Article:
P1090721a by Joe Van Cleave, on Flickr
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Old 06-17-2015   #17
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What do I like about typewriters? Portability, hence why I don't collect larger models. And they have to be functional; my collection I intend on using, not merely looking at.

Which models am I still looking for? A Groma Kalibri would be nice, as seen in the film "The Lives of Others." Many European portables are hard to find in the states.

As for the thought that typewriter users are mere "hipsters," I'm an old codger nearly 58 years old, hardly a hipster. There's an ongoing typewriter rennaisance.

~Joe
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Old 06-17-2015   #18
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Great pictures of your typewriters! I have a Galaxie that's exactly like yours, but I will be passing it on, I think -- it skips spaces too frequently. Sometimes mechanical quirks are charming, but this is annoying. Too bad, since it's a really nice machine in all other respects.

I'm hoping to get a Hermes Rocket like yours -- a guy has one locally.

I have an Olympia SM3, which is lovely (like a Barnack Leica) and I just got (for free) an Olympia SG3 -- a decidedly not portable (38 lb.) desktop. Think Mamiya RB67. A terrific machine.

I agree with your comments about this not being a hipster thing. I am a little younger than you, and find these wonderful to use -- very much like the enjoyment of using an older mechanical camera. And people get a kick out of a typewritten note.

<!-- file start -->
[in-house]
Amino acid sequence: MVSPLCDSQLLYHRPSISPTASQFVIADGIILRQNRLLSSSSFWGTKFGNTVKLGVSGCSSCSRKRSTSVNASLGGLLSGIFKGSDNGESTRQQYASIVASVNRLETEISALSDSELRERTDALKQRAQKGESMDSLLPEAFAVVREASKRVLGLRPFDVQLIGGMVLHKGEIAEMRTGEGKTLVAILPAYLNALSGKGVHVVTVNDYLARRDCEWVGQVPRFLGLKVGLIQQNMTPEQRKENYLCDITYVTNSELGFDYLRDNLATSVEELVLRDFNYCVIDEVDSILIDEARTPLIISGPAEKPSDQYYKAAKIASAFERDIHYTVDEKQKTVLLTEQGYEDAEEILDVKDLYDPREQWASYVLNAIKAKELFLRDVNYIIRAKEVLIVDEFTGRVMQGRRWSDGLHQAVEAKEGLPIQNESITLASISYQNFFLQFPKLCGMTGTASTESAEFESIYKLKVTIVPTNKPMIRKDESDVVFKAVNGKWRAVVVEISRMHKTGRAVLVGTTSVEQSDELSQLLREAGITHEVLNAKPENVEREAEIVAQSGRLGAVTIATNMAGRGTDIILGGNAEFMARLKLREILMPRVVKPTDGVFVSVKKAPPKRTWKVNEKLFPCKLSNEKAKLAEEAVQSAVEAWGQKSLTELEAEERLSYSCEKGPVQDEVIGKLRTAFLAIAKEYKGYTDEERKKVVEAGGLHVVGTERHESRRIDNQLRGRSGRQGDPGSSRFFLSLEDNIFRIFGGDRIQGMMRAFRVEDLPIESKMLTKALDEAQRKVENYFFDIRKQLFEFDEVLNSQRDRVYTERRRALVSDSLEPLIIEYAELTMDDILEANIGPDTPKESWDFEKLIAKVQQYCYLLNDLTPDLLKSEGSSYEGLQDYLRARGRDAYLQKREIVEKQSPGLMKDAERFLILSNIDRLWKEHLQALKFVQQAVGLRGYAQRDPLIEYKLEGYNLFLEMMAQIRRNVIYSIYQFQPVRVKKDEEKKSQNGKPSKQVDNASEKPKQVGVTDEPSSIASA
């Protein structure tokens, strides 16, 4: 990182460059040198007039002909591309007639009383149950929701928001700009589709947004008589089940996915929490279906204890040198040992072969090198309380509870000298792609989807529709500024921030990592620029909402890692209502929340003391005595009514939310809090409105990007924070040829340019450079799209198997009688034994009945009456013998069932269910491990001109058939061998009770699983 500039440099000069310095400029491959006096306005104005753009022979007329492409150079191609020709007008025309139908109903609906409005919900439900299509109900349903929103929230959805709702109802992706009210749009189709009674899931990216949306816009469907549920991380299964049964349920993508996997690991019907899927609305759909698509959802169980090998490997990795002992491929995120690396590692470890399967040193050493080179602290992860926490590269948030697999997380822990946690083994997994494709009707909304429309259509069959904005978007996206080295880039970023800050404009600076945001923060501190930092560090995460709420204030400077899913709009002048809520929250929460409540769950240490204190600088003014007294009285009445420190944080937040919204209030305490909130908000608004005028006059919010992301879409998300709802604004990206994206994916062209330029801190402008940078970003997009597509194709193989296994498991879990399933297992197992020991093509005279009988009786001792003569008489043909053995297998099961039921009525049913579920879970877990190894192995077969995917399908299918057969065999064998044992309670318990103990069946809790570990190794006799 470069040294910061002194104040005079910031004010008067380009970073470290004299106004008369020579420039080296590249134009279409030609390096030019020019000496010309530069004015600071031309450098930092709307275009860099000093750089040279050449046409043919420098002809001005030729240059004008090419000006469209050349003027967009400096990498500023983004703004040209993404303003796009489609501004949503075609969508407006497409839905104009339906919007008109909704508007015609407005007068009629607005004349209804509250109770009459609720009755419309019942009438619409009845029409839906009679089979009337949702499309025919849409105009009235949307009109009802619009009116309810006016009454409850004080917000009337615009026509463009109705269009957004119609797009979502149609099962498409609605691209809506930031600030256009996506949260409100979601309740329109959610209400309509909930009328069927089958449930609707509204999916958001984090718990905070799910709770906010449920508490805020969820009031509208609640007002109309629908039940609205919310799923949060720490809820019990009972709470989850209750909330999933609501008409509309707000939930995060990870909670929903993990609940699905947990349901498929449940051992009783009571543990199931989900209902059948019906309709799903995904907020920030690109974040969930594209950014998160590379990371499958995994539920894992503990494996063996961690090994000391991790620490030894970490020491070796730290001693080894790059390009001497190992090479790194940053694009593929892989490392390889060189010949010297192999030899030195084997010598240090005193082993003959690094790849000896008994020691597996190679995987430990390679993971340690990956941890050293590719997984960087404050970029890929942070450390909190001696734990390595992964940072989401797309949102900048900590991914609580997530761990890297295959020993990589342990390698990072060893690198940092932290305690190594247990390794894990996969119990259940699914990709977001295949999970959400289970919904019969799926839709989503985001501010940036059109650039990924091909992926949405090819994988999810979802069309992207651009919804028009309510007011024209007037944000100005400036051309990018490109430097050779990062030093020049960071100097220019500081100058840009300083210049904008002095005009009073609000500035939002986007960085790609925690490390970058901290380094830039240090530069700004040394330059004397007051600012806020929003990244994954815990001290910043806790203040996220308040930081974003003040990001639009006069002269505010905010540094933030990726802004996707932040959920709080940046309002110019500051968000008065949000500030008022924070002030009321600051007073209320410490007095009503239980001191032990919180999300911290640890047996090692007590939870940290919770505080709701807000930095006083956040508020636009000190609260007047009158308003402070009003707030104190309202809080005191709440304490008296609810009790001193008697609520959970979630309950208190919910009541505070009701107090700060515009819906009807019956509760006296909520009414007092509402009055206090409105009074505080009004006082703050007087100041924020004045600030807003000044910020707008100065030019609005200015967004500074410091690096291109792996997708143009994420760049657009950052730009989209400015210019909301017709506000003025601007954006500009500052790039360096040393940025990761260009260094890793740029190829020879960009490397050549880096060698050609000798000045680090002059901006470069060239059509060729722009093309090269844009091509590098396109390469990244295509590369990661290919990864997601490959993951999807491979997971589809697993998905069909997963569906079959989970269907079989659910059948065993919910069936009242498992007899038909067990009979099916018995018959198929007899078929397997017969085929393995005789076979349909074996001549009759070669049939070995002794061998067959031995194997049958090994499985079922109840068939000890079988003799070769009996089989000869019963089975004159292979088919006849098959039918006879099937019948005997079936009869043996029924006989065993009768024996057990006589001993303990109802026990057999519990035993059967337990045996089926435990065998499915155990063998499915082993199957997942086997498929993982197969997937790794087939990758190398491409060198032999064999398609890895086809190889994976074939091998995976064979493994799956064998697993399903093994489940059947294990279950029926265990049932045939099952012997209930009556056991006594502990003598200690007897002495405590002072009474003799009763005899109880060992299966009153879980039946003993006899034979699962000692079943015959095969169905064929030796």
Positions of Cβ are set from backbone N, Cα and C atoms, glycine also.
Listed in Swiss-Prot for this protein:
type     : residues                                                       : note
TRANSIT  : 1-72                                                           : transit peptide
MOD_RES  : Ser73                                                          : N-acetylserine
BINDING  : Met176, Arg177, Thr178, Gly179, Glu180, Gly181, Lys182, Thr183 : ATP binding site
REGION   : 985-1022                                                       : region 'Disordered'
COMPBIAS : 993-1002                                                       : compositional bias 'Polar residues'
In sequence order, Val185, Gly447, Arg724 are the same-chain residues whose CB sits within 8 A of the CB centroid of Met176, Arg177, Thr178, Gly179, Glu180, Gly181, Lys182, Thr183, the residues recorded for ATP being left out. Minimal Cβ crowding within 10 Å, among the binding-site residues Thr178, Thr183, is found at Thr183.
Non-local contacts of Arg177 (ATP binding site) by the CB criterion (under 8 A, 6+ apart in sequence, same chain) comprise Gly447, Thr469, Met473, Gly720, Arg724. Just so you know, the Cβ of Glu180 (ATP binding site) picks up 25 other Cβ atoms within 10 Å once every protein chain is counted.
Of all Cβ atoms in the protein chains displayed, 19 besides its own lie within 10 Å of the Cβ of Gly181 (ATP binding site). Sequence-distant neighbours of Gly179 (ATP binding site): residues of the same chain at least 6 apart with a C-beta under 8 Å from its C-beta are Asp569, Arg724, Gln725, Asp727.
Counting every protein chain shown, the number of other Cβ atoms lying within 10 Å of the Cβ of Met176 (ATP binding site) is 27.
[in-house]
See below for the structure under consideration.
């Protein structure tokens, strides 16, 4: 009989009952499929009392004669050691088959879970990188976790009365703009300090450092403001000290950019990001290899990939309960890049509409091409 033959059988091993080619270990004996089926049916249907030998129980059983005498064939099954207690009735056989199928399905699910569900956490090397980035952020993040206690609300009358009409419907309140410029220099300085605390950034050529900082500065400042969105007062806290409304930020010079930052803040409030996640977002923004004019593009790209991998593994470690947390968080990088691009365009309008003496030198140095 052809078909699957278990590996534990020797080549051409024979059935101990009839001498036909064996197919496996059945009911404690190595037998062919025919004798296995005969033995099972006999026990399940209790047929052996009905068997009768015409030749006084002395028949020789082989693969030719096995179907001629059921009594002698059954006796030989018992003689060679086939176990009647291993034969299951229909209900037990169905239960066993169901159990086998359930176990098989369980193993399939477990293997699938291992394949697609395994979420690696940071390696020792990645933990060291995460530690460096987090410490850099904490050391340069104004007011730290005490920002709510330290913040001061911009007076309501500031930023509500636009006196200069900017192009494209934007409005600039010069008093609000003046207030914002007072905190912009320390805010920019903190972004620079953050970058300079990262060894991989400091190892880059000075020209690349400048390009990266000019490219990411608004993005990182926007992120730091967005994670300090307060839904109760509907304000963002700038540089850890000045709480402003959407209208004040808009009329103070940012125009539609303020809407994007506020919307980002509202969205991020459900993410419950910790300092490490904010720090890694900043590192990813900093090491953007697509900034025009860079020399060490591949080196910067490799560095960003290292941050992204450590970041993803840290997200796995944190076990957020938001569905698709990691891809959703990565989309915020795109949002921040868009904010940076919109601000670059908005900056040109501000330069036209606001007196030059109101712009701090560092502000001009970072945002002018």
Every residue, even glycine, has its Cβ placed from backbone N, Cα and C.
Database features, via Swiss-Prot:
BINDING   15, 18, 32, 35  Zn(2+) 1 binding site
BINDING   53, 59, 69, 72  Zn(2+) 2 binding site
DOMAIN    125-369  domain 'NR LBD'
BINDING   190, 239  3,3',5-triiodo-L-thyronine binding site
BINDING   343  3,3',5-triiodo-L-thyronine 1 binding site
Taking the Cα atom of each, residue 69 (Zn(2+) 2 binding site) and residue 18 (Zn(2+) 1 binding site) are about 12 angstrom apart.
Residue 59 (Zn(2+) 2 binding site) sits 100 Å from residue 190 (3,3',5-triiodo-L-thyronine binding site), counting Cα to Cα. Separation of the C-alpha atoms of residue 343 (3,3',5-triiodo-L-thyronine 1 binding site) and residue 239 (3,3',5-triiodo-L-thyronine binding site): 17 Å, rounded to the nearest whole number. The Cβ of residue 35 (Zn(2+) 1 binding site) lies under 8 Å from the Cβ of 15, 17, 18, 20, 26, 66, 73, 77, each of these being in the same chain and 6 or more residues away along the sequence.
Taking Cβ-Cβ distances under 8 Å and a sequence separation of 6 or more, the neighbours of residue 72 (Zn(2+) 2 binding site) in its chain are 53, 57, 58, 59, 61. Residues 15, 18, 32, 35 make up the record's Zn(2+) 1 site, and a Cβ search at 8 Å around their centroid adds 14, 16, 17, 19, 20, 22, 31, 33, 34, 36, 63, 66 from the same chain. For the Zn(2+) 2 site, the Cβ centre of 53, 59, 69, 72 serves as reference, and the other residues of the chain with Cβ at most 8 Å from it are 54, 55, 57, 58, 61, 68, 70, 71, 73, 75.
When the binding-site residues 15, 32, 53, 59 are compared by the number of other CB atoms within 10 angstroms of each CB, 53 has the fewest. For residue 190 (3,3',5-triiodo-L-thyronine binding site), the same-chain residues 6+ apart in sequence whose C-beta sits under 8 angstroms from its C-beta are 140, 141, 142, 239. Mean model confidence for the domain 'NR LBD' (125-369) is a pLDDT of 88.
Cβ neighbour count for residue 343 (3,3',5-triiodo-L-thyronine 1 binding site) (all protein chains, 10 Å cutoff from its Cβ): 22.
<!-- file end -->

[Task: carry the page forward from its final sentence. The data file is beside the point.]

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Old 06-17-2015   #19
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Hi,

There's nothing nicer than the Hermes portables, although they seem to change names when they go out of the country. I've two of them, one with the usual British keyboard and the other with the Continental one with accents etc. Plus the old electric and, as I said, they are made by a camera maker.

Regards, David
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Old 06-18-2015   #20
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Quote:
Originally Posted by KoNickon View Post
Great pictures of your typewriters! I have a Galaxie that's exactly like yours, but I will be passing it on, I think -- it skips spaces too frequently. Sometimes mechanical quirks are charming, but this is annoying. Too bad, since it's a really nice machine in all other respects.

I'm hoping to get a Hermes Rocket like yours -- a guy has one locally.

I have an Olympia SM3, which is lovely (like a Barnack Leica) and I just got (for free) an Olympia SG3 -- a decidedly not portable (38 lb.) desktop. Think Mamiya RB67. A terrific machine.

I agree with your comments about this not being a hipster thing. I am a little younger than you, and find these wonderful to use -- very much like the enjoyment of using an older mechanical camera. And people get a kick out of a typewritten note.
The skipping problem can usually be fixed by applying some naphtha (Zippo lighter fluid) to the shaft of the escapement gear - a toothed wheel that controls movement of the carriage - then followed up with sewing machine oil. On many of the Smith-Coronas the escapement is easily found underneath.

Regarding the Hermes Rocket, it's a great typing machine, the only fault I can find is the short carriage return lever. Other portables like the Olivetti Lettera 22 have a folding lever that's a bit longer.

~Joe
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Old 06-18-2015   #21
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I had one of the Olivetti Letter 22 models for a few years. And did a lot of my college papers using a Smith-Corona portable electric (with manual return) and script typeface. Wish I still had that one; it was delightful to write with.

But my favorite typewriter was a wide carriage IBM Selectric 60. I bought one of those used in the early 1980s and pounded through many reams of paper with it. A delightful keyboard and action, superb speed ...